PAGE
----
While in the train from Bern to Zurich, I did a traceroute towards the server which currently hosts this weblog (it is located at Open Systems in Zurich). The connection starts on my laptop and is thethered via my cell to the Orange backbone.

HOST: Andreass-MacBook-Pro.local  Loss%   Snt   Last   Avg  Best  Wrst StDev
  1.|--                0.0%     5    2.0  12.1   1.7  33.2  14.6
  2.|--                  0.0%     5   52.2 373.4  52.2 1241. 504.8
  3.|--                 0.0%     5   50.9 347.4  50.9 1143. 453.3
  4.|--            0.0%     5   51.2 282.7  51.2 1042. 426.8
  5.|--            0.0%     5   51.2 226.2  44.5 942.2 400.3
  6.|--            0.0%     5   51.4 206.7  37.9 847.5 358.2
  7.|--                0.0%     5   50.0 181.4  29.6 746.9 316.2
  8.|--               0.0%     5   50.0 172.2  36.9 645.6 264.9
  9.|--            0.0%     4   60.2  59.8  46.2  81.9  15.8
 10.|--             0.0%     4   70.0  76.4  64.9 101.6  16.9
 11.|--             0.0%     4   70.4  74.0  69.2  83.8   6.7
 12.|--                0.0%     4   70.6  71.7  58.1  88.1  12.3
 13.|--              0.0%     4   70.5  61.9  51.6  70.9  10.2
 14.|--              0.0%     4   71.3  69.2  58.8  75.4   7.2
 15.|--             0.0%     4   71.5  78.3  62.6 108.9  20.7
 16.|--              0.0%     4   72.2  75.2  70.4  81.9   5.1
 17.|--           25.0%     4   80.8  76.2  61.2  86.5  13.3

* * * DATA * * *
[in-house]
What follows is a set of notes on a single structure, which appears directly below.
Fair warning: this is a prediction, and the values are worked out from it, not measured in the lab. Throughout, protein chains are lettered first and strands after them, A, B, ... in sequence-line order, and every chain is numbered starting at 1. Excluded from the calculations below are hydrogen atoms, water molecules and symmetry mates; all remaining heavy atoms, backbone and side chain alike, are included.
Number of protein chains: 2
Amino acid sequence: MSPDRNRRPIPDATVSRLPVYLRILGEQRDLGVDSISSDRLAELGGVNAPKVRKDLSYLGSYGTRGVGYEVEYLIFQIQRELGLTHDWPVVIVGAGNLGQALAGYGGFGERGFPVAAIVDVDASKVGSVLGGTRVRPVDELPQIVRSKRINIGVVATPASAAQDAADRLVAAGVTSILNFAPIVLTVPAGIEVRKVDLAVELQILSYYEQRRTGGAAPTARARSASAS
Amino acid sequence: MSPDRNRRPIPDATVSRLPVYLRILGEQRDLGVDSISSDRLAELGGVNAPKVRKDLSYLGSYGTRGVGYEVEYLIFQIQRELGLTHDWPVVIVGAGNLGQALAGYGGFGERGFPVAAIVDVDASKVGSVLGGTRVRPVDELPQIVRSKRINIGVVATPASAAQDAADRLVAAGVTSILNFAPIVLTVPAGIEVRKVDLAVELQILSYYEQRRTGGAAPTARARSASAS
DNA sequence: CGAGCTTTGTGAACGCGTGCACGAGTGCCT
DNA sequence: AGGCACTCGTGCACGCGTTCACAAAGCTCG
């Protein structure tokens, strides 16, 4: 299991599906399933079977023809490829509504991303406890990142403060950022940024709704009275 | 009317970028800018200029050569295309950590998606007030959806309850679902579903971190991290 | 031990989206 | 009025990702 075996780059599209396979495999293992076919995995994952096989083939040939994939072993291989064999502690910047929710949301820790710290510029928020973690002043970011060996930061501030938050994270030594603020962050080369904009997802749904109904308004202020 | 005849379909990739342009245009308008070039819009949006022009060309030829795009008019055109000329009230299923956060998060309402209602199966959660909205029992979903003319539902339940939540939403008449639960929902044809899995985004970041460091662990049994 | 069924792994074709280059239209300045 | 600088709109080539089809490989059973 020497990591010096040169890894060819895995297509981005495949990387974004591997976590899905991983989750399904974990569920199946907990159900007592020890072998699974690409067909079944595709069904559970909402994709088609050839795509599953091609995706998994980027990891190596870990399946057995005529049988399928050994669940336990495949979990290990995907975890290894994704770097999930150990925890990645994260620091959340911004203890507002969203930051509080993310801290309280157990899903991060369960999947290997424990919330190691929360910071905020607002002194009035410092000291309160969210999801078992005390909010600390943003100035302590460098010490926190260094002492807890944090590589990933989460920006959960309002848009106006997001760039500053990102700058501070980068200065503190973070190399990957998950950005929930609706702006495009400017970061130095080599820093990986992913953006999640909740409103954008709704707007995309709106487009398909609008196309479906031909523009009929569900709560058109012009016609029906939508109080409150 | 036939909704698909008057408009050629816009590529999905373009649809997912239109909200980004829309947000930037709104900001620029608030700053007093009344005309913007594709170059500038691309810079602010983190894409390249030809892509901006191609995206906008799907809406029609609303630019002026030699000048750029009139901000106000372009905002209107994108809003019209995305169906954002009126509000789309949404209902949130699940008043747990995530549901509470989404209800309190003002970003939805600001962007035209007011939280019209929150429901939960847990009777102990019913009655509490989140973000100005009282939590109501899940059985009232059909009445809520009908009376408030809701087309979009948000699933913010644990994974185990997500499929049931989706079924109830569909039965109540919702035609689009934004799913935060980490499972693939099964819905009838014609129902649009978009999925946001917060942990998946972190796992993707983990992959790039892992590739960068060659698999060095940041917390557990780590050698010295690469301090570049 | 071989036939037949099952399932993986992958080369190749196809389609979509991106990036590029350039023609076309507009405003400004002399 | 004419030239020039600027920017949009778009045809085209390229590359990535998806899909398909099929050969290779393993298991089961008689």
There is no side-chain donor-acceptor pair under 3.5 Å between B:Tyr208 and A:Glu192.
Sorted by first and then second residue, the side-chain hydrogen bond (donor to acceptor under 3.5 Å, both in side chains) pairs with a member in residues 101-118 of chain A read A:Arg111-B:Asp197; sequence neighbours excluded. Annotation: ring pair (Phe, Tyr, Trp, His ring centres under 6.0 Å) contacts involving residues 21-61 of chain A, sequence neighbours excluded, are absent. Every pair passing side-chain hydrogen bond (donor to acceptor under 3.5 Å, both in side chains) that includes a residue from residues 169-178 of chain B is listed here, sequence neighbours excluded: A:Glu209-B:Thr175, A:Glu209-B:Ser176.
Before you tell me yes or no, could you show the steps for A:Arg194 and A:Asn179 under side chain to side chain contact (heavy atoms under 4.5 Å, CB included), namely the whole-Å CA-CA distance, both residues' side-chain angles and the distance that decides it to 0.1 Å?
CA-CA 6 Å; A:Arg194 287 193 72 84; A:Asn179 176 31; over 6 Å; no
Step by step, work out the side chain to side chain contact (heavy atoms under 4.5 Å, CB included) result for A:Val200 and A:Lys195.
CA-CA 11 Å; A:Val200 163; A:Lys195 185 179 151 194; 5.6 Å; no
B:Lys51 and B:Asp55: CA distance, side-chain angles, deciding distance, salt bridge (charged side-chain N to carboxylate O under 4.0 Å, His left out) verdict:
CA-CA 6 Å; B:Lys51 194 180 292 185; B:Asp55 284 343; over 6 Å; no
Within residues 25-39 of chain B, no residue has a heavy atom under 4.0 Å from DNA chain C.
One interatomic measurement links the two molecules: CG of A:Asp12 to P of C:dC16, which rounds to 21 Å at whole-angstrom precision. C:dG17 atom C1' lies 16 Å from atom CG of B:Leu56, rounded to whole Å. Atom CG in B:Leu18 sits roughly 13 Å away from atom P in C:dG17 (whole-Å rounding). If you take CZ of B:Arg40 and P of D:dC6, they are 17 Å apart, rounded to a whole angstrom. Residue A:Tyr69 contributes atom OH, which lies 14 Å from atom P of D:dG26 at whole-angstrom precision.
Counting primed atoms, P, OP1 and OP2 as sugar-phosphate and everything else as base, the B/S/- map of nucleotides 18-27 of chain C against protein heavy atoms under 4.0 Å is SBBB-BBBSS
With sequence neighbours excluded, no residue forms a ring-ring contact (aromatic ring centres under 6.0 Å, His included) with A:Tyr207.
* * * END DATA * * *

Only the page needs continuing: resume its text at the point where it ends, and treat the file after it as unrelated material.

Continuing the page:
You can see that the traffic is passed through 8 different routers inside the Orange backbone (using IPs from all three RFC1918 ranges...) before it is let onto the Internet.
And then the real fun starts (let's use DNS names for this):

HOST: Andreass-MacBook-Pro.local  Loss%   Snt   Last   Avg  Best  Wrst StDev
  1.|--                0.0%     5    2.0  12.2   1.9  33.3  14.5
  2.|--                  0.0%     5   44.2 345.6  27.0 1167. 494.2
  3.|--                 0.0%     5   52.2 308.9  27.0 1104. 462.4
  4.|--            0.0%     5   33.4 264.9  27.2 1014. 427.1
  5.|--            0.0%     5   30.3 227.5  27.3 952.9 406.4
  6.|--            0.0%     5   50.4 200.7  27.0 860.0 368.7
  7.|--                0.0%     5   72.4 193.5  30.5 779.2 327.8
  8.|--               0.0%     5   31.8 166.8  27.6 688.0 291.5
  9.|-- pos0-1-1-1.gencr1.geneve.  0.0%     4   50.8  55.0  47.6  67.1   8.6
 10.|--  0.0%     4   61.0  64.4  57.7  78.5   9.5
 11.|--  0.0%     4   70.8  56.3  48.4  70.8   9.9
 12.|-- so-2-3-0.xt2.zur3.alter.n  0.0%     4  108.9  65.6  48.0 108.9  29.2
 13.|--  0.0%     4   51.7  55.5  50.3  68.8   8.8
 14.|-- uch200193-gw.customer.alt  0.0%     4  171.8  83.6  50.7 171.8  58.8
 15.|--            0.0%     4  132.1  90.0  59.2 132.1  32.7